According to the Central Bureau of Statistics, private consumption rose by 3.3%, and the country’s standard of living increased by 2.1% in 2005.
Israelis’ love of electrical products dampened significantly in 2005, despite the economic boom, with purchases of such items rising by only 1.6%. In 2004, purchases of electrical goods jumped by 12.3%.
Despite the efforts to cut government expenditures, public sector spending rose by 2.7% in 2005. Much of that increase was due to the costs of destroying 25 Jewish communities in Gaza and northern Samaria, and building the security barrier, roughly along the former 1967 border.
Money spent on security also rose substantially in 2005, by 5.5%. This increase is also attributed to the disengagement and the security barrier.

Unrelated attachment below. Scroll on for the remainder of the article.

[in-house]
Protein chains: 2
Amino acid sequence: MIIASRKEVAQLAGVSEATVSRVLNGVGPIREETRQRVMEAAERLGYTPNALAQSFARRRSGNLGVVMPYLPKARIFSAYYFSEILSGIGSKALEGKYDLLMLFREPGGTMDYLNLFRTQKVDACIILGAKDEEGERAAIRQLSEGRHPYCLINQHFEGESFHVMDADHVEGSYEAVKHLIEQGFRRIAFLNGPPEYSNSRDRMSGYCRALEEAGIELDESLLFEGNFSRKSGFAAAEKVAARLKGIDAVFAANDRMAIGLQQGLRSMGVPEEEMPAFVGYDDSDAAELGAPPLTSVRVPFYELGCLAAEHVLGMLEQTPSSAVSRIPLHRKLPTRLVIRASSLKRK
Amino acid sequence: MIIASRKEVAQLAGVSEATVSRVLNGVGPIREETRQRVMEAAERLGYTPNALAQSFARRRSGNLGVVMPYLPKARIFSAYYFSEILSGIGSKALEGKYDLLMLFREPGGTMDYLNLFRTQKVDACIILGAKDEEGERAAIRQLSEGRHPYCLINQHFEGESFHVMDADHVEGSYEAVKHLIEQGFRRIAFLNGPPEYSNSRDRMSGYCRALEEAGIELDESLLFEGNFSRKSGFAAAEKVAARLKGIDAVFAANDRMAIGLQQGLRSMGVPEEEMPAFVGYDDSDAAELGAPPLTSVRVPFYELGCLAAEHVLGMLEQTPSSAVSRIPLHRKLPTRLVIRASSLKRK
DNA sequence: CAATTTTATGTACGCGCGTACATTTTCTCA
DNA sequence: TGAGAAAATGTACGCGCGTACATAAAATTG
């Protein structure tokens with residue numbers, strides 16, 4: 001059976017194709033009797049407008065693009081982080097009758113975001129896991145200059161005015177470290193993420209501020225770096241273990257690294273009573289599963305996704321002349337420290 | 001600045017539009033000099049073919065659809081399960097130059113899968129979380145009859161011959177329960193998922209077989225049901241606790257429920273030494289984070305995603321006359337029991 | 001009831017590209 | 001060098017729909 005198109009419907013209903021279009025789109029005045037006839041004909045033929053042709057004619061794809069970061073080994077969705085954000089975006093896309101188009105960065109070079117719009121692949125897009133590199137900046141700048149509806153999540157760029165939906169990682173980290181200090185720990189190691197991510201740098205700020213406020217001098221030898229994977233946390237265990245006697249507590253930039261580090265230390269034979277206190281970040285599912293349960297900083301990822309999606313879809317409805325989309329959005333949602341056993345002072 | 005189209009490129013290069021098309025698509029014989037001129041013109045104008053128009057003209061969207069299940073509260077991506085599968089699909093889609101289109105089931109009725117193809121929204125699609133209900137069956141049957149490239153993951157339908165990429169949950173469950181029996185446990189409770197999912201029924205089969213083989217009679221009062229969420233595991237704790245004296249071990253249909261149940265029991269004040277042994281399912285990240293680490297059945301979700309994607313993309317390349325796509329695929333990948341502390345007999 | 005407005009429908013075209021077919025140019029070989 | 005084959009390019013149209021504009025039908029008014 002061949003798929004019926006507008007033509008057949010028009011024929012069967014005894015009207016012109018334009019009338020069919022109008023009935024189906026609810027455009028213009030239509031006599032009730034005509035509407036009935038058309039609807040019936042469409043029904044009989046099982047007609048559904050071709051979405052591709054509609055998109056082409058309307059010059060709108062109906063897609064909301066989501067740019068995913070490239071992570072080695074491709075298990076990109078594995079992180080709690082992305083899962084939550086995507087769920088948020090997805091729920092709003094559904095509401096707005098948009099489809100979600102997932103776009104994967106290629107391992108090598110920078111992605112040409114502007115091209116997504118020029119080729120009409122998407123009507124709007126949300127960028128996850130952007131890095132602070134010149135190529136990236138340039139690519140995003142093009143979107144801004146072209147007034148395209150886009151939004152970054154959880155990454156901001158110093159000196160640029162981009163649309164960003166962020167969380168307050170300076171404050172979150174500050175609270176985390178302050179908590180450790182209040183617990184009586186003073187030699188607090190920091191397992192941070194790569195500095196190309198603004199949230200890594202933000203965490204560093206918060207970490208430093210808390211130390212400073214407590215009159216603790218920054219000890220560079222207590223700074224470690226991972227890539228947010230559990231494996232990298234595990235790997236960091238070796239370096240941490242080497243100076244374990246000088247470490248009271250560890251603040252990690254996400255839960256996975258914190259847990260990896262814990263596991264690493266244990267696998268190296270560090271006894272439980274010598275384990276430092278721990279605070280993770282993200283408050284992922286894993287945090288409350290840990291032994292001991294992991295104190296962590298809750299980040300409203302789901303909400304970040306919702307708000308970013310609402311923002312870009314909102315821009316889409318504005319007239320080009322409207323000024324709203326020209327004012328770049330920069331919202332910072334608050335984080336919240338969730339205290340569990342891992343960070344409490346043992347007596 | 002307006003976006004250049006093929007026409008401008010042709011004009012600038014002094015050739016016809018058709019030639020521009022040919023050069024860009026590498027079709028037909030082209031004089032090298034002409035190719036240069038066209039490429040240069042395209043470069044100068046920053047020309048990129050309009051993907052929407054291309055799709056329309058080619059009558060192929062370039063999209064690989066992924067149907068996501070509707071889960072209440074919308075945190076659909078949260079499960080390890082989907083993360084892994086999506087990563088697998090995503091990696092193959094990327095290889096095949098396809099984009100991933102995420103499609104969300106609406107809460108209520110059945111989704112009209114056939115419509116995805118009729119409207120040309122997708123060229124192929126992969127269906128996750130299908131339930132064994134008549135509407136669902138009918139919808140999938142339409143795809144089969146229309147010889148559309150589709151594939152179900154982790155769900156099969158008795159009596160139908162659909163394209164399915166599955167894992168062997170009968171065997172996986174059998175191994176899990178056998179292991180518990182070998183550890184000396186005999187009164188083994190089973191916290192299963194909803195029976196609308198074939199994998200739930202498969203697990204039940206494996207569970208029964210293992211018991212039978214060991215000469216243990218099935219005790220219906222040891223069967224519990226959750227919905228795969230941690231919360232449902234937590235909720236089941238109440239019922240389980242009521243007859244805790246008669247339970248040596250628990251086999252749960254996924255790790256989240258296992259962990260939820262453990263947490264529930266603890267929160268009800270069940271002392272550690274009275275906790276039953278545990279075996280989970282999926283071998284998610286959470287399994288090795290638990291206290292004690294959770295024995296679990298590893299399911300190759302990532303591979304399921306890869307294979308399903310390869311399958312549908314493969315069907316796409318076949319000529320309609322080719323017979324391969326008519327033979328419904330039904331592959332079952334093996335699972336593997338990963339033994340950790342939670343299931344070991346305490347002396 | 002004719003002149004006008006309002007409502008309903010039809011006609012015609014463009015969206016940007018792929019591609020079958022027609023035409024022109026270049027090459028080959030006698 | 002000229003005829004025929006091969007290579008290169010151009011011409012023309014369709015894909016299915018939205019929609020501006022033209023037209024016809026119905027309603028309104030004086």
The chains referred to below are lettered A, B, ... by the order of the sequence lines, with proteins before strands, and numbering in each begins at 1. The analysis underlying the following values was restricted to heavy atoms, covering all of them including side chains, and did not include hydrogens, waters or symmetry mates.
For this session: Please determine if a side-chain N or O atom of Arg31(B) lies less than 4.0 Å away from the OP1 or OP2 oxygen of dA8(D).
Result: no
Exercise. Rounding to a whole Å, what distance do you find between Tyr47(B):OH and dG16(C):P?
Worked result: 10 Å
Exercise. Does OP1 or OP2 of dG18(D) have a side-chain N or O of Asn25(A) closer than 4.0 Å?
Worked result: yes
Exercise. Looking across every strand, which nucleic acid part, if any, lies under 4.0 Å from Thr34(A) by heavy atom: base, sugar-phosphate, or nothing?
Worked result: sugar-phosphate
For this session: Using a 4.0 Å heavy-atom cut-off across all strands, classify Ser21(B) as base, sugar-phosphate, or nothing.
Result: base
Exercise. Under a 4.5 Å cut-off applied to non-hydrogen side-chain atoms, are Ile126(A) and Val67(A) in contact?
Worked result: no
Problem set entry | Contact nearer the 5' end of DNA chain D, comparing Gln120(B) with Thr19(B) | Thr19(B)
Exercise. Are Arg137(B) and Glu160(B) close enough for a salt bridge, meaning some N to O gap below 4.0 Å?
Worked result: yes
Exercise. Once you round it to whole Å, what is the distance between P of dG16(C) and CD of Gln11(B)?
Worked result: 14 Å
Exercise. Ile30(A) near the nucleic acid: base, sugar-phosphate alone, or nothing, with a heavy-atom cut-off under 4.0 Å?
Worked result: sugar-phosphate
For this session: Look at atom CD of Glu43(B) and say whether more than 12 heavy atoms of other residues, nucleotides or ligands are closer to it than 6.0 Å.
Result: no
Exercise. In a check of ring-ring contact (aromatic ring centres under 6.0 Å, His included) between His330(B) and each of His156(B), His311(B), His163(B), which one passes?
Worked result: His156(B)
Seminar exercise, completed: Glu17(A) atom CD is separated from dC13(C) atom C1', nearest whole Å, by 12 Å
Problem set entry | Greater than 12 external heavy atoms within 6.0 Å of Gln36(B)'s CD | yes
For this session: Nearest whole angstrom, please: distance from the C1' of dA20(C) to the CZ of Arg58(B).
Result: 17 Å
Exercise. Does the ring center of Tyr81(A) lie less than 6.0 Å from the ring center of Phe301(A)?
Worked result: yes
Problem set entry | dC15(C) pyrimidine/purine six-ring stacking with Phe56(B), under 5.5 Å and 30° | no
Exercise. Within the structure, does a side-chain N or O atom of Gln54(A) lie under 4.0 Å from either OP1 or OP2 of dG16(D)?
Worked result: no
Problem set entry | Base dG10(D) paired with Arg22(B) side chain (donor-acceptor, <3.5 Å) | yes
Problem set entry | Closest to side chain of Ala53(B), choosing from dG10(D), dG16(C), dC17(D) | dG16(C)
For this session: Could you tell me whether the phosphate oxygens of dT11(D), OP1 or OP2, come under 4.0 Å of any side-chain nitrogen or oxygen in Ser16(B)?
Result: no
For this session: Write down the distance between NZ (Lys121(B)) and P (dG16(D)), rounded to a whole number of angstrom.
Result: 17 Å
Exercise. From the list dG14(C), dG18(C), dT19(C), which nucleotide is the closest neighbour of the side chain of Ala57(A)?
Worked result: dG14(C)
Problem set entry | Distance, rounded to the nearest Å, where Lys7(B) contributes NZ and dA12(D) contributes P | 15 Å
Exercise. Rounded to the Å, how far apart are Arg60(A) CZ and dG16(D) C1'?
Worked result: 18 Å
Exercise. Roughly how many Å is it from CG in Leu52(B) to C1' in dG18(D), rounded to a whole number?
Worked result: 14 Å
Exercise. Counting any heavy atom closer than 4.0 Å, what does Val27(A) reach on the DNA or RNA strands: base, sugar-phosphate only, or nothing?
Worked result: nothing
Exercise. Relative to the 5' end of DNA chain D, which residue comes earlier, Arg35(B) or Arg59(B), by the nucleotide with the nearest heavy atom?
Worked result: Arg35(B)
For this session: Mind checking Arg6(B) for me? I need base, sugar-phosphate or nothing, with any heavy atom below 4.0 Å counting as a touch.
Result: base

Not surprisingly, foreign investment, one of the major components of economic growth, set a record level this year, peaking at $11.5 billion. The level for 2005 exceeded the previous record set in 2000, just before the Oslo War sent the economy into deep recession. Other reasons for the drop in foreign investment were the high tech bubble, the crises on the Nasdaq securities exchange, and the global economic slowdown.
Foreign investment in Israel has been rising steadily since 2003, when it totaled $5.9 billion. In 2004, that number grew to $7.4 billion, and jumped to $11.5 billion in 2005. In 2002, when the slowdown was at its peak, foreign investment was only $3.4 billion.